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Brain Res. 1981 Nov 30;225(2):235-47.

Changes in neuronal transmission in the rat hippocampus during behavior.


Rats with implanted stimulating and recording microelectrodes were trained in a straight alley to repeatedly press a bar placed at one end of the alley and to run for water reward available at the other end. Stimulating the commissural input evoked field EPSP and population spike in the CA1 region while no population spike was observed in the dentate area. The amplitude of the CA1 population spike was maximum during running and smallest during drinking. Field potentials in the dentate gyrus changed in an opposite manner (drink greater than groom greater than press greater than run). Perforant path evoked cell discharges in the dentate gyrus which were maximal during drinking and smallest during running. The behavior dependent changes of the evoked potentials covaried with the frequency and power of the simultaneously recorded theta activity. Perforant path stimulation during the negative-going phase of the dentate theta cycle evoked significantly greater granule cell responses than stimuli during the positive-going phase. These observations suggest that the medical septum exerts a potent biasing effect on the efficacy of other afferent to the hippocampus.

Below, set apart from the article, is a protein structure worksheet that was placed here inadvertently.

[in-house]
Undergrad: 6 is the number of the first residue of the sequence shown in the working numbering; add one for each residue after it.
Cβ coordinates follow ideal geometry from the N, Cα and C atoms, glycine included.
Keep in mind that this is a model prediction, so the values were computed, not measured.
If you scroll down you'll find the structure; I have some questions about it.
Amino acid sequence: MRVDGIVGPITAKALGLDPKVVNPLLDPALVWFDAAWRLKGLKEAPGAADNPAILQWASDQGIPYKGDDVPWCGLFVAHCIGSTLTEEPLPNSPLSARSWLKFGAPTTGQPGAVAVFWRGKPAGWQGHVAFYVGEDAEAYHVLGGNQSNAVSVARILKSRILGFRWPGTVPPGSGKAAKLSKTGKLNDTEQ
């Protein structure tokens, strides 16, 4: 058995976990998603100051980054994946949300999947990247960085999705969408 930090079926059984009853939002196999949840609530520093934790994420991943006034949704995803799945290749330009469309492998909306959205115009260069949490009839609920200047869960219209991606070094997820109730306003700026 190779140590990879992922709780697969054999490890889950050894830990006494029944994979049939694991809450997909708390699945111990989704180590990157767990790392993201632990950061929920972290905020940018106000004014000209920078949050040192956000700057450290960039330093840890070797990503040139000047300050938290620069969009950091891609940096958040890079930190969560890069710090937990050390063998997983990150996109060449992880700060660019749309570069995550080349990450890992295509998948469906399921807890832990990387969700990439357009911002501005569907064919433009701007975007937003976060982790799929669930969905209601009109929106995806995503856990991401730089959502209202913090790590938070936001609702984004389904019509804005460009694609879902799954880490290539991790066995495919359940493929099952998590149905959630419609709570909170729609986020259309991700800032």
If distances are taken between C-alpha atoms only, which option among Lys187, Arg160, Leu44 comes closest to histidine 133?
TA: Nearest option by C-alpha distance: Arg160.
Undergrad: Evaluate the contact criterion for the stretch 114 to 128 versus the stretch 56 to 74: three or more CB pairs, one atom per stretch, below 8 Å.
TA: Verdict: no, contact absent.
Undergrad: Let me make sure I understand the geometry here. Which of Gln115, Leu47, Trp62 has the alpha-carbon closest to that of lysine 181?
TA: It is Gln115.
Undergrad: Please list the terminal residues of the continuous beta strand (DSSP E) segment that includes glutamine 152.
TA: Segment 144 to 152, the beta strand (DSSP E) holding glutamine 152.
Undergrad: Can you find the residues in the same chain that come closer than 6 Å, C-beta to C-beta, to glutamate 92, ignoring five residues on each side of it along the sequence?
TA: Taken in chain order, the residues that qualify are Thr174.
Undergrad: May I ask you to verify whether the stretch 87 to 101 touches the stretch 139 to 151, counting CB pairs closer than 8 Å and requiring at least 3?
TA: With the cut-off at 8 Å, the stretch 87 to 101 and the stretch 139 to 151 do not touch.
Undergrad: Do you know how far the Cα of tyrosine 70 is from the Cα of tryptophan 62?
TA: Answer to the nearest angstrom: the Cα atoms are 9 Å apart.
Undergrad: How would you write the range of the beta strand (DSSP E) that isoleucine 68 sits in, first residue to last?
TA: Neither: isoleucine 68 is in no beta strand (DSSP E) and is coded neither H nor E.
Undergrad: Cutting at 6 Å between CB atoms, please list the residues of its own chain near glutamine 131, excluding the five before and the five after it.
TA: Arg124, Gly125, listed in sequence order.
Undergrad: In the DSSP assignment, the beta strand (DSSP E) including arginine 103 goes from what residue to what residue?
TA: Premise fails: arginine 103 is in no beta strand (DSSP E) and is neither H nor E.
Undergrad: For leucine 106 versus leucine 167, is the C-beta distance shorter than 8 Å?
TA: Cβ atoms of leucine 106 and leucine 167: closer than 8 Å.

[Indexed for MEDLINE]

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